To improve therapeutic indices and decrease systemic toxicity, more specific and selective anticancer agents that can discriminate between tumor and nonmalignant cells are urgently needed, along with the development of antitumor radiochemotherapy [16
]. The discovery that angiogenesis plays a crucial role in tumor formation, and that vascular targeting approaches exhibit the advantages of easy accessibility and lower incidence of drug resistance, provides a possible path to creating these new anticancer agents [19
]. Several studies have pursued this strategy, including the application of phage display technology to pan for peptides that bind specifically to defined tissue targets [8
]. Using this technique, several homing peptides have been identified, including RGD, NGR and F3, and many have showed promising results for imaging diagnosis and treatment of various tumors in preclinical or clinical investigations [22
]. Furthermore, some of these peptides have been conjugated to bioactive agents, including drugs, cytokines, procoagulant factors, photosensitizers and radionuclides, and have been included in antineoplastic therapies. Initial results of these studies showed more selective and targeted drug delivery and fewer side effects [7
]. However, to date, no such peptide has been identified that targets human gastric cancer.
Previously, we used in vivo
screening of a phage displayed peptide library to identify GX1, a cyclic 7-mer peptide CGNSNPKSC that binds specifically to the human gastric cancer vasculature [9
]. Autoradiography on different cell lines confirmed the targeting activity of GX1 toward the gastric cancer vascular endothelium, by showing that the binding affinity of GX1 was significantly higher in HUVEC cultured in tumor-conditioned medium than in HUVEC cultured in non-conditioned medium. No specific binding was observed in the human gastric carcinoma cell line SGC7901 or in the immortalized gastric epithelial cell line GES cells [28
]. Furthermore, immunohistochemical staining and immunofluorescence showed positive staining for GX1 in the vascular endothelium of human gastric adenocarcinoma, but not in heart, liver, muscle, spleen or normal gastric tissues [10
]. In another study, using single photon emission computed tomography (SPECT), GX1 labelled with 99
-GX1) was observed to concentrate in tumor xenografts in nude mice [28
]. Collectively, these results indicate that GX1 is a novel vascular marker of human gastric cancer, and may lead to a new way of imaging diagnosis and targeted gastric cancer therapy.
Since GX1 selectively targeted the vascular endothelium of gastric cancer, we investigated whether it had specific effects on tumor angiogenesis and growth. In this study, in addition to targeting, GX1 showed bioactivity by both MTT and CAM assay, inhibiting vascular endothelial cell proliferation and hampering neovascularization. To probe into the possible mechanisms of these effects, the cell cycle distribution, cell apoptosis and the expression level of apoptosis related molecule caspase3 were detected by FCM and western blot assays. Inhibition of vascular endothelial cell proliferation by GX1 was observed, at least in part, to be through the up-regulation of caspase 3 expression and the induction of apoptosis. Further tests including RT-PCR and gene microarray are underway to investigate the precise mechanisms.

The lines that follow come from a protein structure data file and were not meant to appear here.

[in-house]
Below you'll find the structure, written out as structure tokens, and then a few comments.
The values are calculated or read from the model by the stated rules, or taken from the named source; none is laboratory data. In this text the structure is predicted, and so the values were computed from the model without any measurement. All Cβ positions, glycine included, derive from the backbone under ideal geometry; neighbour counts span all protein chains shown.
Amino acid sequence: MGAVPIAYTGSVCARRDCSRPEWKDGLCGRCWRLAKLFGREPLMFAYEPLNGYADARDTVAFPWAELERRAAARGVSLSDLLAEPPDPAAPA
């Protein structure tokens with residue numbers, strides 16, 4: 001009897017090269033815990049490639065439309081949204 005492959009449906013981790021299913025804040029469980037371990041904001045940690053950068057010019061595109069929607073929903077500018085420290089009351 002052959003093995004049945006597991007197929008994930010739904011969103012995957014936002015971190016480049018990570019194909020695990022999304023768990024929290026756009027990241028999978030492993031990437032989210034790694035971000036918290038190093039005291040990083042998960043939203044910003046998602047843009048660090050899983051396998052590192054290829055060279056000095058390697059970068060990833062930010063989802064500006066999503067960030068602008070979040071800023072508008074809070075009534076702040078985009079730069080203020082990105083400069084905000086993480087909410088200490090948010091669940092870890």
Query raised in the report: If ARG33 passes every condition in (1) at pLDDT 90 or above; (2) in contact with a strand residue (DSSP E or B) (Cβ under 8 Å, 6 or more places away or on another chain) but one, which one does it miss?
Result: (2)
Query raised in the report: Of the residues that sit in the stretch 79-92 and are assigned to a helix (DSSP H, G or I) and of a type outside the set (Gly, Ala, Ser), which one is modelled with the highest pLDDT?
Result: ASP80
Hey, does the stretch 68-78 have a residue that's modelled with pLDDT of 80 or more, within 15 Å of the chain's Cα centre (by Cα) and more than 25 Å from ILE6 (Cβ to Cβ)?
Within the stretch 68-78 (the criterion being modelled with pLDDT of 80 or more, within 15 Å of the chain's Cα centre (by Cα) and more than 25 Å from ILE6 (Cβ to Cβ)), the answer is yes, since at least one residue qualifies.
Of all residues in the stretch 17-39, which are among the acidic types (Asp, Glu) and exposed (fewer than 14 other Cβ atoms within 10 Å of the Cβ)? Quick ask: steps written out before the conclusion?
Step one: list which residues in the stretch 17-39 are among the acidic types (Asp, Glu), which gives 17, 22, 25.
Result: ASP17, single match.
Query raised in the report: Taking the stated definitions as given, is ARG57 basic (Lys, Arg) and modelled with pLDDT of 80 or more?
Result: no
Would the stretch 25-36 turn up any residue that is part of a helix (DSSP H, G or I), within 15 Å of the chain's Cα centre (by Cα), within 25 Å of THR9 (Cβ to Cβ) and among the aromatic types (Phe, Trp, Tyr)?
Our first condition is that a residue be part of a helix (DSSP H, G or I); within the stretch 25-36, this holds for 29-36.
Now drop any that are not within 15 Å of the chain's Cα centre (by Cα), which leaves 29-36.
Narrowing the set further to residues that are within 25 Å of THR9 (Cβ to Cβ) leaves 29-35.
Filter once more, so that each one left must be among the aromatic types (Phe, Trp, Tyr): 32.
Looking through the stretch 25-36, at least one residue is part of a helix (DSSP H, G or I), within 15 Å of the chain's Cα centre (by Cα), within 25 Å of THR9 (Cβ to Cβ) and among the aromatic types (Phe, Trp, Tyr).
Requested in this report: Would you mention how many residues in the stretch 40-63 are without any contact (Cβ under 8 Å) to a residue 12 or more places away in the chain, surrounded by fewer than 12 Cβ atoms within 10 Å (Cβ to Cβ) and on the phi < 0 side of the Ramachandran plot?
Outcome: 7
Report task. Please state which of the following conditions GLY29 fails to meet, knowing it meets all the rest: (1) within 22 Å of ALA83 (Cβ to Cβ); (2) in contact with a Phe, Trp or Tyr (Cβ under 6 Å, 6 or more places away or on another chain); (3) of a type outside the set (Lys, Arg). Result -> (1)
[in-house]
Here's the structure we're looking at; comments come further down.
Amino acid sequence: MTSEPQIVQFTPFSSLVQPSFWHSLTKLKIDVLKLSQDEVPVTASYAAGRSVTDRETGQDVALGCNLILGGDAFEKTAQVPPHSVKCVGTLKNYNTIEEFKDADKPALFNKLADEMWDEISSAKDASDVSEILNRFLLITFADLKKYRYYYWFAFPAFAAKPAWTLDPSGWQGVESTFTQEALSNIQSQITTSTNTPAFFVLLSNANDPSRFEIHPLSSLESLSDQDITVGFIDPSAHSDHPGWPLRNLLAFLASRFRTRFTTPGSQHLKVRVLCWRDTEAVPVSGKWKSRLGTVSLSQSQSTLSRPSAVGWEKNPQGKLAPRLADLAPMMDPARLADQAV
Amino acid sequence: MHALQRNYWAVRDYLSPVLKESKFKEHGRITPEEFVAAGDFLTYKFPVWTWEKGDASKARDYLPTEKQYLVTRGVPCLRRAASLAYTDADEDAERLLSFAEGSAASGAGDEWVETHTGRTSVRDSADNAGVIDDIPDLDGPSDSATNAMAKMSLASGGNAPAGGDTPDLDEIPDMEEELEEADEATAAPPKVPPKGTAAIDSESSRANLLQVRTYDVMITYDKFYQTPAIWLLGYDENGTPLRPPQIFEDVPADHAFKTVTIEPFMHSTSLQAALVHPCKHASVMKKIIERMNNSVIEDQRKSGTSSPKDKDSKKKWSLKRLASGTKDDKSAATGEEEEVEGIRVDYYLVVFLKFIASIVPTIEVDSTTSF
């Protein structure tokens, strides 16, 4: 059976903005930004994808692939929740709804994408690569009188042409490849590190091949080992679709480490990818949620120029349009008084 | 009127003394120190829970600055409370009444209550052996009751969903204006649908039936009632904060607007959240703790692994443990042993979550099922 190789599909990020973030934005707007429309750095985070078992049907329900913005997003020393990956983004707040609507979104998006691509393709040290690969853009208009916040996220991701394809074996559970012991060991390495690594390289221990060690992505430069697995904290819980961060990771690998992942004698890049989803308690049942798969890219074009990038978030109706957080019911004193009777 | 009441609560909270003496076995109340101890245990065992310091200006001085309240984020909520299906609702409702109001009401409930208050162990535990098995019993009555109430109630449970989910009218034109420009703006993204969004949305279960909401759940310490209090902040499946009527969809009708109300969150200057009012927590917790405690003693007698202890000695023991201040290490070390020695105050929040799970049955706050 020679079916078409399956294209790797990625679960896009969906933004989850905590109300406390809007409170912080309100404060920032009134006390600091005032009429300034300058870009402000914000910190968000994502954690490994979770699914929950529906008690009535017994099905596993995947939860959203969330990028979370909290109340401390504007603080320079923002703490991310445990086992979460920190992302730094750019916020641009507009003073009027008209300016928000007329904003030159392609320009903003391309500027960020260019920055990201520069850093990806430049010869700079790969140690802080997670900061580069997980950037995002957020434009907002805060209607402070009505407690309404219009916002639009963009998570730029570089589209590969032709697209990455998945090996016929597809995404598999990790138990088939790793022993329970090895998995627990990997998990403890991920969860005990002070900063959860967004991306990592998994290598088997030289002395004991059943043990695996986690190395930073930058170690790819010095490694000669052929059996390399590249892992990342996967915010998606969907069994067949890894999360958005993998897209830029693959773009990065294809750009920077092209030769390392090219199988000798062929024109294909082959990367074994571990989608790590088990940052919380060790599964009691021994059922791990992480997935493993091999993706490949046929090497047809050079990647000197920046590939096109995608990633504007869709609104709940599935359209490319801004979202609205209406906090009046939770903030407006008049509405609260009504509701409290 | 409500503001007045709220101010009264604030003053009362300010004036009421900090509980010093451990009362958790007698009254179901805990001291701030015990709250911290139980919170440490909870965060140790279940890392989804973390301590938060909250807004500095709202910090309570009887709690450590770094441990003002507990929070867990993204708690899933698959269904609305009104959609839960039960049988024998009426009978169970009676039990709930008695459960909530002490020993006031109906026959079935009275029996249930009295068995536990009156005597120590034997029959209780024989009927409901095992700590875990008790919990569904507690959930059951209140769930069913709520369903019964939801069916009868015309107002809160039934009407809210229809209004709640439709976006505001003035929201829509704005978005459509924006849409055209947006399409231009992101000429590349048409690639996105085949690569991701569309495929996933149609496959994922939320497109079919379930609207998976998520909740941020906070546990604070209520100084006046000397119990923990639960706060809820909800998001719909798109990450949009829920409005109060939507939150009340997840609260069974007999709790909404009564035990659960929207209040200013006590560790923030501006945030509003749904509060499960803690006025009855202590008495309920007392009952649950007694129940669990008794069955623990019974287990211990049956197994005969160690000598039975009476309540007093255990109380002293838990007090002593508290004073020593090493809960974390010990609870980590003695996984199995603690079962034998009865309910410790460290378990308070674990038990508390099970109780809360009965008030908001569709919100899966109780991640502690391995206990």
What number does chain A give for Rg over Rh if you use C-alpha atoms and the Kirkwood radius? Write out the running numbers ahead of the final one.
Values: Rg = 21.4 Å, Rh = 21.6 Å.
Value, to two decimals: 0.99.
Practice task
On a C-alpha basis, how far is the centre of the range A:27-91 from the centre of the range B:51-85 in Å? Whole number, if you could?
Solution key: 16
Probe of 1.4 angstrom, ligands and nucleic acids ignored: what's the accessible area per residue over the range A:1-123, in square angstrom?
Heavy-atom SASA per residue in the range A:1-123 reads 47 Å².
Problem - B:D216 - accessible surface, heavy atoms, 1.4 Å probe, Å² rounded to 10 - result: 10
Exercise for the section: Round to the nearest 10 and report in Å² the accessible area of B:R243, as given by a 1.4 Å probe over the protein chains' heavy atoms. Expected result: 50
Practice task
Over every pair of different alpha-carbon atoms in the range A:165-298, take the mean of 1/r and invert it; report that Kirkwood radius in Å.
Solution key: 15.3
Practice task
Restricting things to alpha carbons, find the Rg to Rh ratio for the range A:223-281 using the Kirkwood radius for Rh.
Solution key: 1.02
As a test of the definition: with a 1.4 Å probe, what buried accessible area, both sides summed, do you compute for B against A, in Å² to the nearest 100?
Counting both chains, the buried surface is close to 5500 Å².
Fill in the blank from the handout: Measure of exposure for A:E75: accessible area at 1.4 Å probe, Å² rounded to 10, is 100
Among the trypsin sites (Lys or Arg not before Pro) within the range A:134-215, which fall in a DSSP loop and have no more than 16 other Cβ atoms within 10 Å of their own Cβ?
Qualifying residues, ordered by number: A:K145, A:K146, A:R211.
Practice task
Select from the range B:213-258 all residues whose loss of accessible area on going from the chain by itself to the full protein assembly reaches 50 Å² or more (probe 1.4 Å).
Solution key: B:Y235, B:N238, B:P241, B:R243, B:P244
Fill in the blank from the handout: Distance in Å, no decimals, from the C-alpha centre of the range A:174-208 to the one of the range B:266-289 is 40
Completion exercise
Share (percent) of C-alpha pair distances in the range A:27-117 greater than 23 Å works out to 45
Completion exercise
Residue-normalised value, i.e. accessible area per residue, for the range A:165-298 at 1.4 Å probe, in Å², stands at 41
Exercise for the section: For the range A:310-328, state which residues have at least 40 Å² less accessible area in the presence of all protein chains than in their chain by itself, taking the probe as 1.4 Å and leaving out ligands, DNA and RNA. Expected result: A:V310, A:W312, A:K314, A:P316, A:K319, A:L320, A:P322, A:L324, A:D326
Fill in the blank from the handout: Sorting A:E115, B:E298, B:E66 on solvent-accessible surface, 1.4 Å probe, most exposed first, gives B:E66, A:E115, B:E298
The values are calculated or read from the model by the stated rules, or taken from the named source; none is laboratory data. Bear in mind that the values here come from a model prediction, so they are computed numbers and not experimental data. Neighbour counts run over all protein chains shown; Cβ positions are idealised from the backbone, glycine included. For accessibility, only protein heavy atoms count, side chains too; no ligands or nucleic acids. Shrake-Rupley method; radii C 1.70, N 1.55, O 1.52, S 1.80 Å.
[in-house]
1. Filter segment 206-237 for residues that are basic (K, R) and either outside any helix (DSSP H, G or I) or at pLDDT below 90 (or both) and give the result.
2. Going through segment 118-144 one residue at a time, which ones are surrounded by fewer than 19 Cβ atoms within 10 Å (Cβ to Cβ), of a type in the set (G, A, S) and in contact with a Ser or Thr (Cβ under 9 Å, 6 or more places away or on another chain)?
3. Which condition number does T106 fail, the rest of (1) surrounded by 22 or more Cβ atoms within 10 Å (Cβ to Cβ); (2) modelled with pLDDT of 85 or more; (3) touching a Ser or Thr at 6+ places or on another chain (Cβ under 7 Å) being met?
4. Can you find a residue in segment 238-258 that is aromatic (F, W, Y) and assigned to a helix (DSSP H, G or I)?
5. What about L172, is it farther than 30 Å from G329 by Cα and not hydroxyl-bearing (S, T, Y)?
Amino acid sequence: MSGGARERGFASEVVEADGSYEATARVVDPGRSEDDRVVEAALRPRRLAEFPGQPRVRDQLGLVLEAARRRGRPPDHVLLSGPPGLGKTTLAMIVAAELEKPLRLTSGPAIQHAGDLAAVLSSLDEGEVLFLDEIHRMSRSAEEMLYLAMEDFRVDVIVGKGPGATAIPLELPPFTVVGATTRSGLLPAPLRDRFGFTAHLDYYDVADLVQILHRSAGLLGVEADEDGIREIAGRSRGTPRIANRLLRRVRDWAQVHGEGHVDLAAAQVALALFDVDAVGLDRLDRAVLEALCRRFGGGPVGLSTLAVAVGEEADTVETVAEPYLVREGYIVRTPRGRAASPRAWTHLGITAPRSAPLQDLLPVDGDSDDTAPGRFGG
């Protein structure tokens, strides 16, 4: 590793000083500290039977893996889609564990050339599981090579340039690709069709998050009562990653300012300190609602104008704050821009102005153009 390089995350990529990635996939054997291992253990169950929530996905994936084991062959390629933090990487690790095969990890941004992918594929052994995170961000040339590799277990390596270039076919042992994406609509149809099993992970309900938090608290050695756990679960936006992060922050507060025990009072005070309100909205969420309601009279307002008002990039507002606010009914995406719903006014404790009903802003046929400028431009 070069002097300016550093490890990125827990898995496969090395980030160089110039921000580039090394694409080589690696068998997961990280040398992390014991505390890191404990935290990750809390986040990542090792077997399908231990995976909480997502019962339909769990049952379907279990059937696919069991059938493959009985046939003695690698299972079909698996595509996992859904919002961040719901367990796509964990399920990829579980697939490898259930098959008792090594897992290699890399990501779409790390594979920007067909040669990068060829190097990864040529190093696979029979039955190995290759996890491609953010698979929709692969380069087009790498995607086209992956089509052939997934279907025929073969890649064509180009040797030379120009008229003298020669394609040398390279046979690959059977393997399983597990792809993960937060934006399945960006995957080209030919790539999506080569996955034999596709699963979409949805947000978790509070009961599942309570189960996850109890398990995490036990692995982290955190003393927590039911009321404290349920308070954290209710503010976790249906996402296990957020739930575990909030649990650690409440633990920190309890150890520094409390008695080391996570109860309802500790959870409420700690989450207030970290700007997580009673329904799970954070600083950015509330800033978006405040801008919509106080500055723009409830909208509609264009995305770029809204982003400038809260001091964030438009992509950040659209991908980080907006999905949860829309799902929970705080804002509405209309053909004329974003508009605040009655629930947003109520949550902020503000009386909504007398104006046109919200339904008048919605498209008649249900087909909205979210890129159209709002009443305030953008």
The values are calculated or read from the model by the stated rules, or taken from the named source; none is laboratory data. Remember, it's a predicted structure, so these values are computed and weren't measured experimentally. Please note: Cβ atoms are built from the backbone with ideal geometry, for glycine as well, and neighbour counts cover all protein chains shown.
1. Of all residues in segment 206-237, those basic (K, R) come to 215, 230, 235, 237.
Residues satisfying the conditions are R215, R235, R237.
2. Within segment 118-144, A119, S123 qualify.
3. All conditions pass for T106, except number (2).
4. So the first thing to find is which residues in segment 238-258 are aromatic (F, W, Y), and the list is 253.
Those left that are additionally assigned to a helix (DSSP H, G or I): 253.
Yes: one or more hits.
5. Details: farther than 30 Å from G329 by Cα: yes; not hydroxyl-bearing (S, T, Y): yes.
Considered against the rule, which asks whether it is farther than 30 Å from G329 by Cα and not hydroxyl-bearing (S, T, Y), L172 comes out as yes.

analysis showed that HUVEC cultured in tumor-conditioned media partially acquire the characteristics of tumor vascular endothelial cells, such as enhanced tubule formation, cell proliferation, and migration [13
]. Furthermore, some proteins like vascular endothelial growth factor receptor and the integrin αvβ3 may be up-regulated in co-HUVEC, as is the case for other cancer endothelia [6
]. These findings lead us to the hypothesis that GX1 receptors are up-regulated in co-HUVEC, reflecting the case in tumor vessels, and that more receptors may lead to greater selective affinity and stronger anticancer effects. This hypothesis is consistent with the MTT assay results, in which GX1 showed more significant inhibitory effects on co-HUVEC than on the parental HUVEC culture that was not exposed to tumor-conditioned medium.
To assess the possibility of using GX1 as a targeted delivery vector in combination with another antitumor molecule for treatment of gastric cancer, GX1 was conjugated to rmhTNFα. TNFα is a well-known, antitumor cytokine whose clinical application is hampered by severe systemic toxicity [12
]. The novel mutant cytokine rmhTNFα shows higher antitumor efficacy and has been approved for clinical use in China [12
]. Our data showed that after fusion to GX1, rmhTNFα was selectively delivered to target tumor vasculature sites. Most important, GX1-rmhTNFα delayed tumor growth in vivo
, with less loss of body weight compared to rmhTNFα alone (Figure ). These results indicated that more targeted and efficient antitumor activity might be achieved by combining GX1 with other anti-tumor agents (e.g. rmhTNFα), for a significant reduction in systemic toxicity.
Despite the encouraging results, some questions are still open, such as what the receptor is for GX1 on vascular endothelial cells, and how ligand-receptor interaction interferes with tumor angiogenesis. Further studies are underway to answer these questions, and several candidate receptor molecules have been obtained. Identification of the GX1 receptor will be a great help in understanding the mechanism of GX1 and will accelerate the development of clinical applications for GX1 in diagnosis and targeted treatment of gastric cancer.